12 votes
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How many non-infinite plane curves with infinite reflectional symmetry?

Claim 1. Let $\ell_1,\ell_2,\ell_3$ be three line in the plane that do not intersect in a single point. Then the only bounded subset of the plane that is symmetric to all three lines is the empty set. ...
Hagen von Eitzen's user avatar
12 votes
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What is a Coxeter Group?

I'll try to sketch the connections between your bullet points with an easy example of a Coxeter group. You probably want to study some basic algebraic knowledge to follow this. We examine the ...
Babelfish's user avatar
  • 1,842
10 votes
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Normal of a point on the surface of an ellipsoid

The $\nabla$ operator is known as the gradient operator. It's a vector of all of the partial derivatives of the function with respect to all of its variables, i.e., $$\nabla f=\bigg<\frac{\partial ...
Rushabh Mehta's user avatar
9 votes

Interpretation Reflection principle

For $a>0$ denote by $$\tau_a :=\tau_a^B:= \inf\{t>0; B_t = a\}$$ the first time the Brownian motion hits the line $y=a$.The reflection principle, which you stated in your question, is then ...
saz's user avatar
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7 votes
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Relation between reflection group and coxeter group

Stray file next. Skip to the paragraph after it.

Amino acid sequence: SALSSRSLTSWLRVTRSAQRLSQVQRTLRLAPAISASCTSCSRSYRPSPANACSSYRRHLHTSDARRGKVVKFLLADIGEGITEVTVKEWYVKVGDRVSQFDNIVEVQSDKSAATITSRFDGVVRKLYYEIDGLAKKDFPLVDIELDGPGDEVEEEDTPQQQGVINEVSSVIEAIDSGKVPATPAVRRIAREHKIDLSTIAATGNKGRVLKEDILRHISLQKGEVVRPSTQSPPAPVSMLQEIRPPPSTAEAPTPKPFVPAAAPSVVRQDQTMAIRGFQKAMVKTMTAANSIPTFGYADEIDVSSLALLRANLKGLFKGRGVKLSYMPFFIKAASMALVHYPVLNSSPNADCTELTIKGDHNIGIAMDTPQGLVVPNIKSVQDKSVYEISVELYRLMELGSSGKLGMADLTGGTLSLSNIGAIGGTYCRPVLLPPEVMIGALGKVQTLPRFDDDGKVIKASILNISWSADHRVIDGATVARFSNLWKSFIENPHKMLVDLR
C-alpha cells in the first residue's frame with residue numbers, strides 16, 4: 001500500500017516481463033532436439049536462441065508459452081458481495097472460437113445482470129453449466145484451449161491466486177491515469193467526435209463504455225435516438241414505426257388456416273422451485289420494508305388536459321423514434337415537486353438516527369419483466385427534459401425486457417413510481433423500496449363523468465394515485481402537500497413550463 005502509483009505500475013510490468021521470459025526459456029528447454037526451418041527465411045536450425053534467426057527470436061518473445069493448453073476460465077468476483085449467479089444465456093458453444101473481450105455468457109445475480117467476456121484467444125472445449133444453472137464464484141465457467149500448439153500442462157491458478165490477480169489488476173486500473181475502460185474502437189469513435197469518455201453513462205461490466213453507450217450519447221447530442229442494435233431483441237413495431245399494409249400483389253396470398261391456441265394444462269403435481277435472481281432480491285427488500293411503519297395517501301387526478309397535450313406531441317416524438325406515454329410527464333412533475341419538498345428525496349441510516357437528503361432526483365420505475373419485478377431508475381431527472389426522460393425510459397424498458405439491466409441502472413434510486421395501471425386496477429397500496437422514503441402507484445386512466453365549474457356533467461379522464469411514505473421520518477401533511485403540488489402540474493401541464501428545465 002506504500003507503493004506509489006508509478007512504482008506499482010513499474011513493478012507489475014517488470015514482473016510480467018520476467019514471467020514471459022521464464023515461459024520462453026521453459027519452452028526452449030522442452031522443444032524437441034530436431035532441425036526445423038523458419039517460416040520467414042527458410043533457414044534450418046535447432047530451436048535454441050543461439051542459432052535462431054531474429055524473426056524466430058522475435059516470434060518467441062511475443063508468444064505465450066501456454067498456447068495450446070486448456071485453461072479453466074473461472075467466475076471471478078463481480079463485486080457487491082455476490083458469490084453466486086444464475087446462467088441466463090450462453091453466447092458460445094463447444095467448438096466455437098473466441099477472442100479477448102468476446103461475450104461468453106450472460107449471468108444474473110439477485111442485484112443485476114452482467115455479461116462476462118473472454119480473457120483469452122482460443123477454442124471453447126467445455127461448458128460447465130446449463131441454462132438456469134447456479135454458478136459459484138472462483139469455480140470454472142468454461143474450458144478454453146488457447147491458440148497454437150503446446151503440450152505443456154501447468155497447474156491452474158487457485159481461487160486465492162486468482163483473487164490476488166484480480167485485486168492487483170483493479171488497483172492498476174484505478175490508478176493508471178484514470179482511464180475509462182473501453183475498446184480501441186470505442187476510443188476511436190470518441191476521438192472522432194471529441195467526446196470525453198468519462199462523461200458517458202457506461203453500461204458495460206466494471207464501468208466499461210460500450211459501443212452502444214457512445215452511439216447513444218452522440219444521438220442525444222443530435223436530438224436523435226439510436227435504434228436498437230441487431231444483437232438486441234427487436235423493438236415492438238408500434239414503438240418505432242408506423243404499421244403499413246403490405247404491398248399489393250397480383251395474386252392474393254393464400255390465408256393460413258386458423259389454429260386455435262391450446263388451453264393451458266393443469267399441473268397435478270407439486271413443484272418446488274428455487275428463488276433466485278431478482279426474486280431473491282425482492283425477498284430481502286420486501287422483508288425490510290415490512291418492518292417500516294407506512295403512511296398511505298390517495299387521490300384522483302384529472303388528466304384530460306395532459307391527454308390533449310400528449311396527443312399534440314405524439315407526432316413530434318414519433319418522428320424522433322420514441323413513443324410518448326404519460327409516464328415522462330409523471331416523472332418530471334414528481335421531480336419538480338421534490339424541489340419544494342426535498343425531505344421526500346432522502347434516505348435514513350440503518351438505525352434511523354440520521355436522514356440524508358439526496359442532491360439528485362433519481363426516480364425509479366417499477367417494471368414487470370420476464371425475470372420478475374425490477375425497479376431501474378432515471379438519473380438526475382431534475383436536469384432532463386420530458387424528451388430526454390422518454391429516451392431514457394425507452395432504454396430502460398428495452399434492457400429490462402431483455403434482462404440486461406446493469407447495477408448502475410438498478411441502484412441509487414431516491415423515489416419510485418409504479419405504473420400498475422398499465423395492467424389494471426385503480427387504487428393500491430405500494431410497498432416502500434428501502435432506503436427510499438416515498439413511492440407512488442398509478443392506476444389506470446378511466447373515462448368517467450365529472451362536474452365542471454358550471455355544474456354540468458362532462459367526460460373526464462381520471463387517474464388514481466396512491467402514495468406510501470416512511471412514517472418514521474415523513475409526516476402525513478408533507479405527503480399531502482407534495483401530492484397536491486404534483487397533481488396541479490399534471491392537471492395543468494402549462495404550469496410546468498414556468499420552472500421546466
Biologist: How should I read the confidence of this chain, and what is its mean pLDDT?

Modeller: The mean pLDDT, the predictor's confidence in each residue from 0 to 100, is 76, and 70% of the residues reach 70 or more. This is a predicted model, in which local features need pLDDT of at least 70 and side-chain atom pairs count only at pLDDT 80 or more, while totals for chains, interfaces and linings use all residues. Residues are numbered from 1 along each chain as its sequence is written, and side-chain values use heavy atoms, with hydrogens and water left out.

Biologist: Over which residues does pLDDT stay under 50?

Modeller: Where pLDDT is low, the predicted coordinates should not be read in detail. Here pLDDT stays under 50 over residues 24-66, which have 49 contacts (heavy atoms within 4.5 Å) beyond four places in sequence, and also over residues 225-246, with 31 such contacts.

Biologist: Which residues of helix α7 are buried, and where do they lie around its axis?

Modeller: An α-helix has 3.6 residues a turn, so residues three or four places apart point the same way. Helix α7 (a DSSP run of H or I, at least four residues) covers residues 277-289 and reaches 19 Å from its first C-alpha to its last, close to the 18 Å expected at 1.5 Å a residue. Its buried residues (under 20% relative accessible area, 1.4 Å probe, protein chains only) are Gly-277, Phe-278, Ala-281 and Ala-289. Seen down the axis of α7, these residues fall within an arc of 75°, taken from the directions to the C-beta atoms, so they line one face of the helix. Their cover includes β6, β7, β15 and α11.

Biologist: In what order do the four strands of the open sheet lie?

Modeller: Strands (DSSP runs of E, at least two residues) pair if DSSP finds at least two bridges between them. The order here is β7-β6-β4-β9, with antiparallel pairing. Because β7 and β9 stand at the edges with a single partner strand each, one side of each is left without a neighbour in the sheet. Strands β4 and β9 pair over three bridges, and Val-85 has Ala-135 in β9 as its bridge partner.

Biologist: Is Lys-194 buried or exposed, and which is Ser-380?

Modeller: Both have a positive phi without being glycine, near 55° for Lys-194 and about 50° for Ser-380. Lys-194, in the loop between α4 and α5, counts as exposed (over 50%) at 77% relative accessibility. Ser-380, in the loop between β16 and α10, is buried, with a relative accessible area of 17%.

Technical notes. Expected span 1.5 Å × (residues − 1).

We have $(s_i)^2 = e$ because if we repeat the same reflection twice in a row we end up back where we started. Since $s_i s_j$ is an element of a group, it has an order (possibly infinity), which we ...
Daniel McLaury's user avatar
7 votes
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Point within the interior of a given angle

Denote the mid-point of $OM$ be $N$. Then $N$ is the center of the circle passing through the points $O,P,M,K$. We have: $$\angle PNK = 2\alpha,\quad \angle PMK = \pi-\alpha$$ By Cosine Theorem, $$PK^...
player3236's user avatar
  • 16.4k
6 votes

Reflecting a point by a line in $\mathbb R^3$

Given a line $\overline r+t\cdot\overline{v}$ and a point to be reflected $\overline p$, we must first find the closest point on the line to $\overline{p}$. Let $t_0$ correspond to that point. Its ...
Felix's user avatar
  • 296
6 votes
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Functional equation $P(X)=P(1-X)$ for polynomials

First, if $P(X) = P(1-X)$ holds on $\Bbb R$ then the same relation holds on $\Bbb C$, due to the identity principle for holomorphic functions. With $Q(x) := P(x + \frac 12)$, the condition $P(X) = P(...
Martin R's user avatar
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6 votes
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What does it mean for a Coxeter system to be of "spherical" type?

Let $\Gamma$ be a Coxeter graph and let $(W,S)$ be the Coxeter system of $\Gamma$. We say $\Gamma$ is $\textit{of spherical type}$ if $W_{\Gamma}$ is finite. Note that if $\Gamma_1,\ldots, \Gamma_{\...
Mee Seong Im's user avatar
  • 3,190
6 votes

Reflection in Geometric Algebra

Here's a less convoluted version of your calculation that should make your error more immediately obvious: $$\mathrm{Ref}_{v-w}(v) = −(v−w)v(v−w)^{−1} = -\frac{(v−w)v}{v−w} = -v$$ In short, you've ...
celtschk's user avatar
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6 votes